The poll-tested phrase “universal background checks” was used to cloak the legal language of an 18-page voter initiative in Washington state. The NRA, many police officers and others who’d read the initiative did all they could to call attention to what the initiative actually said and would do.
Law enforcement noted it was mostly unenforceable. Gun owners asked why checking out or shooting someone else’s gun with the gun owner’s permission should first require them to “transfer” the gun through a dealer. Such common sense, however, was drowned out by a multi-million dollar ad campaign funded mostly by a few mega-wealthy individuals. As a result, a majority of Washington state voters passed the initiative.
Now “universal background check” legislation is spreading to other states by anti-gun groups whose members are hoping to dupe other voters into criminalizing much of what American gun owners have always done legally. At press time, anti-gun groups had gotten enough signatures to put a universal background check voter initiative on the ballot in Nevada during the 2016 election. Similar efforts are underway in other states. No doubt this issue will be debated during the 2016 presidential election. They know an uninformed populace can be duped into voting away their freedom.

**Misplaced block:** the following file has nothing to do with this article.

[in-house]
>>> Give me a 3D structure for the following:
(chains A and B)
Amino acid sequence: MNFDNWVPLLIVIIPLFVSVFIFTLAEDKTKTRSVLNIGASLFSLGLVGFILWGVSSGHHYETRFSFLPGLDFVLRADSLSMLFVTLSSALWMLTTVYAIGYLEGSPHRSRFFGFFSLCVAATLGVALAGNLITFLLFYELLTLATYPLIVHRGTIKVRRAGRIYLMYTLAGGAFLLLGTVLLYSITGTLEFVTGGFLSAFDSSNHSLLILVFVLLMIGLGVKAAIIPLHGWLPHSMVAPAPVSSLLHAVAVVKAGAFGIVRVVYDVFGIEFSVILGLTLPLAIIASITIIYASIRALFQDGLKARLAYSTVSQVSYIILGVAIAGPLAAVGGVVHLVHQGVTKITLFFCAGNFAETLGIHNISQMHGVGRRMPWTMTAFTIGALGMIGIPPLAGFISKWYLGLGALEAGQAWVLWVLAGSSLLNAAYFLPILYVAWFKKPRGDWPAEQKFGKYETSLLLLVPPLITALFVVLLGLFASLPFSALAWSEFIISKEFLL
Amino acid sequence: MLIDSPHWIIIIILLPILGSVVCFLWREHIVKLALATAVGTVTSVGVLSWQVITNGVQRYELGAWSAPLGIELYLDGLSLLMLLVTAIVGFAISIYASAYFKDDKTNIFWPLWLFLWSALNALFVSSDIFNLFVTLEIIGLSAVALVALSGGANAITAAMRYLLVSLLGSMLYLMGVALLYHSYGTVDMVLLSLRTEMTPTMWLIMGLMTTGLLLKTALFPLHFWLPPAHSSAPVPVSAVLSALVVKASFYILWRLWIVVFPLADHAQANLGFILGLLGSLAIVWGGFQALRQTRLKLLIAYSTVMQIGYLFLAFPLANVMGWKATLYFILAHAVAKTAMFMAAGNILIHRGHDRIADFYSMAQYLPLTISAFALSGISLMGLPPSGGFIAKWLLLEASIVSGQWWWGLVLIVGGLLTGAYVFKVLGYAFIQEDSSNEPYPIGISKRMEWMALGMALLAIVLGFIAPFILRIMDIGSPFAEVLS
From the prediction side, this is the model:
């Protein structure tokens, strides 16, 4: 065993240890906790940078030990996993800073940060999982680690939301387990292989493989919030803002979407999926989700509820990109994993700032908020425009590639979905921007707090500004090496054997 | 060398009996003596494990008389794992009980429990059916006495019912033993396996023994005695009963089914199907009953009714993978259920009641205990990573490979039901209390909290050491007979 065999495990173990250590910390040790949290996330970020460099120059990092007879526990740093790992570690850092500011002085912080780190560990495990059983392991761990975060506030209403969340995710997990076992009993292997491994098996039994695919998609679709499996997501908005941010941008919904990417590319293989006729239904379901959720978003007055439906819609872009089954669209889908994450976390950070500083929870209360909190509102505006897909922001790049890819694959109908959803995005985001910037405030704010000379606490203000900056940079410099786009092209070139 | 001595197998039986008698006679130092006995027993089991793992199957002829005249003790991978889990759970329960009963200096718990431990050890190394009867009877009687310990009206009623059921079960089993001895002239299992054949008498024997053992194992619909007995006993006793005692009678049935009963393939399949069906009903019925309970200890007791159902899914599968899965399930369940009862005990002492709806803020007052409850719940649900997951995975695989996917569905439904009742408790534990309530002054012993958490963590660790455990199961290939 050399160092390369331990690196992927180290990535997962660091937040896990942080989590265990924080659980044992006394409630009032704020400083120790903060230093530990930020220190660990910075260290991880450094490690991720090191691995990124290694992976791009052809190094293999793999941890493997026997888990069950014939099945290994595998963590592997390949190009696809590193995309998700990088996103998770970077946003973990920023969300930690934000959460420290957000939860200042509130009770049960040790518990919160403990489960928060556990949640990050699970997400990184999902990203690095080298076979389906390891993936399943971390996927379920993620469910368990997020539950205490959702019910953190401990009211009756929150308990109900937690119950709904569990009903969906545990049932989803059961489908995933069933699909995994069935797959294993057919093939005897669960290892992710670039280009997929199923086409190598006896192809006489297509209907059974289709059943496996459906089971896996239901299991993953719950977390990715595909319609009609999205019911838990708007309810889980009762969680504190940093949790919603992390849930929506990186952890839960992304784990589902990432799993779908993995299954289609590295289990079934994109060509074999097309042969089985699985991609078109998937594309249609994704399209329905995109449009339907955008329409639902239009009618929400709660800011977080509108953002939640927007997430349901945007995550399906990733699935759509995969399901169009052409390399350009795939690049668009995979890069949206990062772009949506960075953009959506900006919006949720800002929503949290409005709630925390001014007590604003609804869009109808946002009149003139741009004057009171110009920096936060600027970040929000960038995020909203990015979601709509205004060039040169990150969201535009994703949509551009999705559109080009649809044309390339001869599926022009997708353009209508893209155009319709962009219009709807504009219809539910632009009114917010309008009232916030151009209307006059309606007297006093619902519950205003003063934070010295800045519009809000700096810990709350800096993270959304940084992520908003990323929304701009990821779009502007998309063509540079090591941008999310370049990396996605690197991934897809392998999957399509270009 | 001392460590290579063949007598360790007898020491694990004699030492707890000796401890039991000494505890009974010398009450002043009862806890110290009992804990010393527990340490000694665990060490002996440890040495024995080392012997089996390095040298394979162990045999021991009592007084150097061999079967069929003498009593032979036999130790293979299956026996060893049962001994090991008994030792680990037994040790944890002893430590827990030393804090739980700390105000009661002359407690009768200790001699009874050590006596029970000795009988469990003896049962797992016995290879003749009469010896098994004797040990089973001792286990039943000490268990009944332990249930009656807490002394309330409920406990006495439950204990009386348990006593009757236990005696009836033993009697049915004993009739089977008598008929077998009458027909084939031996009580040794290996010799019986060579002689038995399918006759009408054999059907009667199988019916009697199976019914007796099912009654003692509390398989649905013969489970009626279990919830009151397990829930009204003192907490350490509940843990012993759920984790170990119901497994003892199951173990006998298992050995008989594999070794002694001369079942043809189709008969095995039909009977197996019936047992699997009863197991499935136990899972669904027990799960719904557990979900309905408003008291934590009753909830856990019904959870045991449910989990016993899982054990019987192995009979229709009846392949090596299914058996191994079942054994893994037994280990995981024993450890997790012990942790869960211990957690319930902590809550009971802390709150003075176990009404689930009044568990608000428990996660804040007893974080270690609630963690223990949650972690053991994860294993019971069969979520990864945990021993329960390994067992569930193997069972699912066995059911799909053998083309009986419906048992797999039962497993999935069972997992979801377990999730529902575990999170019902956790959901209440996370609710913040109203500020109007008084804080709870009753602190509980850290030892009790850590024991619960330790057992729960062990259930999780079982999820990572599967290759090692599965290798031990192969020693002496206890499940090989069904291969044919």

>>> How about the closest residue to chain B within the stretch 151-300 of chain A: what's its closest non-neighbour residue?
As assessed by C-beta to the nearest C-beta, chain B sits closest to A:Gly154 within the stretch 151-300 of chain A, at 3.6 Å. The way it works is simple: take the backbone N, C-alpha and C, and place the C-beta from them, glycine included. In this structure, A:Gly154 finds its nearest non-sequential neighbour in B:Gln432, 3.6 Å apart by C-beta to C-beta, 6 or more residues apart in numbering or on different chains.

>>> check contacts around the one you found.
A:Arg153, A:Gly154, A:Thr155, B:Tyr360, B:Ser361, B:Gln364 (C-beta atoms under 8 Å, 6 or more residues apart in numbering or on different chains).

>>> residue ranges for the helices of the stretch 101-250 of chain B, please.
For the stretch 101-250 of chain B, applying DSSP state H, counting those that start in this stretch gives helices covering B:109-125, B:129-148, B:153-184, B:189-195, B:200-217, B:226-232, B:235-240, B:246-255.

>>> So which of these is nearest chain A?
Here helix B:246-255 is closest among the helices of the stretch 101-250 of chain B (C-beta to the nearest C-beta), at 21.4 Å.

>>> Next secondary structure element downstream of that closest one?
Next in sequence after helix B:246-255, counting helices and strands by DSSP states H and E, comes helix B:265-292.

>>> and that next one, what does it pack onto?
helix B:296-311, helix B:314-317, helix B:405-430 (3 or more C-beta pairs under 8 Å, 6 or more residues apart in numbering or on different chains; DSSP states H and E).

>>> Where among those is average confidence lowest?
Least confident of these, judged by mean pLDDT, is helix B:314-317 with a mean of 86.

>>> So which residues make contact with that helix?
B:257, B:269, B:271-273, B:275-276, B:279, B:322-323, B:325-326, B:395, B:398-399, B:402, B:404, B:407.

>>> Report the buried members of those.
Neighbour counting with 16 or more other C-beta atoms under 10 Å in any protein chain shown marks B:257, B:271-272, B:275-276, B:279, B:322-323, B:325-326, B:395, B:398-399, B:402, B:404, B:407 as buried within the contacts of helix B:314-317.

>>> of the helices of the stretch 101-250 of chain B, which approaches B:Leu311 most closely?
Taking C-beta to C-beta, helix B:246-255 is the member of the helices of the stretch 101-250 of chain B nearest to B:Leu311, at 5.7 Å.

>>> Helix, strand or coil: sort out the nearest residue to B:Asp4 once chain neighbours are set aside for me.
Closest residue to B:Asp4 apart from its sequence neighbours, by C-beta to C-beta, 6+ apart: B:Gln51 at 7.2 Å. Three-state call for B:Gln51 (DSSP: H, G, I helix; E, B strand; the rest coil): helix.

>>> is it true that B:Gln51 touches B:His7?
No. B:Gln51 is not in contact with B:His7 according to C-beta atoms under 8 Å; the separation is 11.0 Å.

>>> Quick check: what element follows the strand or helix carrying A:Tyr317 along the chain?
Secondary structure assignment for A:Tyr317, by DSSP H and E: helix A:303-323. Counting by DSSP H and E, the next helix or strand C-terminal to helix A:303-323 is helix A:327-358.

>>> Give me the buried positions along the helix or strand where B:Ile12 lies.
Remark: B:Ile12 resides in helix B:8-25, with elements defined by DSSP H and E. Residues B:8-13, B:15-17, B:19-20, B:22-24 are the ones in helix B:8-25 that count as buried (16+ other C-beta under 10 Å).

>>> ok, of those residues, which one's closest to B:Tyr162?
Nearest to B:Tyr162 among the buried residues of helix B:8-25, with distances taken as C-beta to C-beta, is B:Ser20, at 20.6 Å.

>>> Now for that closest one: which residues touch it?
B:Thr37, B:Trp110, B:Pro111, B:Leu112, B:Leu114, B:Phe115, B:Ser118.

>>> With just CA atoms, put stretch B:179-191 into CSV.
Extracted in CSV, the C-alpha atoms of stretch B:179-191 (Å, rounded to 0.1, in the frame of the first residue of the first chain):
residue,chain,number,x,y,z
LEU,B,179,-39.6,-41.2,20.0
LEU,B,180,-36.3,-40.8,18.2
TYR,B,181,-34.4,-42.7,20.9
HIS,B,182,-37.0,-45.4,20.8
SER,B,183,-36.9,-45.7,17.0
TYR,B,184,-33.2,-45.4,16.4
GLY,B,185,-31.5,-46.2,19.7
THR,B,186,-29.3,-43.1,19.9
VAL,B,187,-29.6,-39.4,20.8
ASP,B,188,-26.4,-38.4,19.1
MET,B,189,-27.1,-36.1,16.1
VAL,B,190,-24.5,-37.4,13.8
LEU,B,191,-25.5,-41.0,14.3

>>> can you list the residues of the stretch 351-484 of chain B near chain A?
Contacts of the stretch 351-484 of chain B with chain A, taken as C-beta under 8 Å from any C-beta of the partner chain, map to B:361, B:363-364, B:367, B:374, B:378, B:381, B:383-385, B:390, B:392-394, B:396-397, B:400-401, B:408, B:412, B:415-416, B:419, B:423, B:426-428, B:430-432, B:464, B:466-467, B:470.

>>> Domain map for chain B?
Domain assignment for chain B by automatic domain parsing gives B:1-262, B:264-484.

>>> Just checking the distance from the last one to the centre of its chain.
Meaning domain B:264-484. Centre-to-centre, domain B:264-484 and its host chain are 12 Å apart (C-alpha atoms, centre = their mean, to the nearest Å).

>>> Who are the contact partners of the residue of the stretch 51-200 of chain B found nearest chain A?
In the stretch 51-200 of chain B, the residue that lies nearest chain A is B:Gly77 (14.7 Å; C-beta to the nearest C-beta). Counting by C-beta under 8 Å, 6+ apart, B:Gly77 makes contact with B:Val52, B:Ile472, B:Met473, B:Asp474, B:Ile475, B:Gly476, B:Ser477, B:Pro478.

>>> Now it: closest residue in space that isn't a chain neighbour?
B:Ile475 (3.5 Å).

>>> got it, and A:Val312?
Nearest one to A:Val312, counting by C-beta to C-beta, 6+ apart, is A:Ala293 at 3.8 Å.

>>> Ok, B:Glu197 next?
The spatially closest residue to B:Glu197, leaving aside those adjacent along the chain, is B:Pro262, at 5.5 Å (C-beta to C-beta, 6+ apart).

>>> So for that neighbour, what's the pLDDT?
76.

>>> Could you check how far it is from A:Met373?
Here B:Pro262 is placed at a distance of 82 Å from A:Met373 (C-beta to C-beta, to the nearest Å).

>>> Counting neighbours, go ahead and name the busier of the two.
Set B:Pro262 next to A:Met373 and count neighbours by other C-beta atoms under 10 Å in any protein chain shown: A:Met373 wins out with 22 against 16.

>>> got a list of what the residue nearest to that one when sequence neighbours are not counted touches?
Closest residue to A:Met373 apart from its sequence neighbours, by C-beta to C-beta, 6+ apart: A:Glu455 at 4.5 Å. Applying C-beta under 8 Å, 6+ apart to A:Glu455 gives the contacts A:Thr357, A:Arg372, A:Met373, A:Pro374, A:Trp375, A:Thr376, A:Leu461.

The voter initiative in Nevada is similar to legislation considered in the state in 2013. Second Amendment advocates, as well as the Nevada Sheriffs’ and Chiefs’ Association, opposed the legislation, and ultimately Republican Gov. Brian Sandoval vetoed it.
Now anti-gun groups are again shrouding deceptive legislation within the phrase “universal background checks.” They know an uninformed populace can be duped into voting away their freedom. Thomas Jefferson warned of this when he said, “If a nation expects to be ignorant and free in a state of civilization, it expects what never was and never will be.”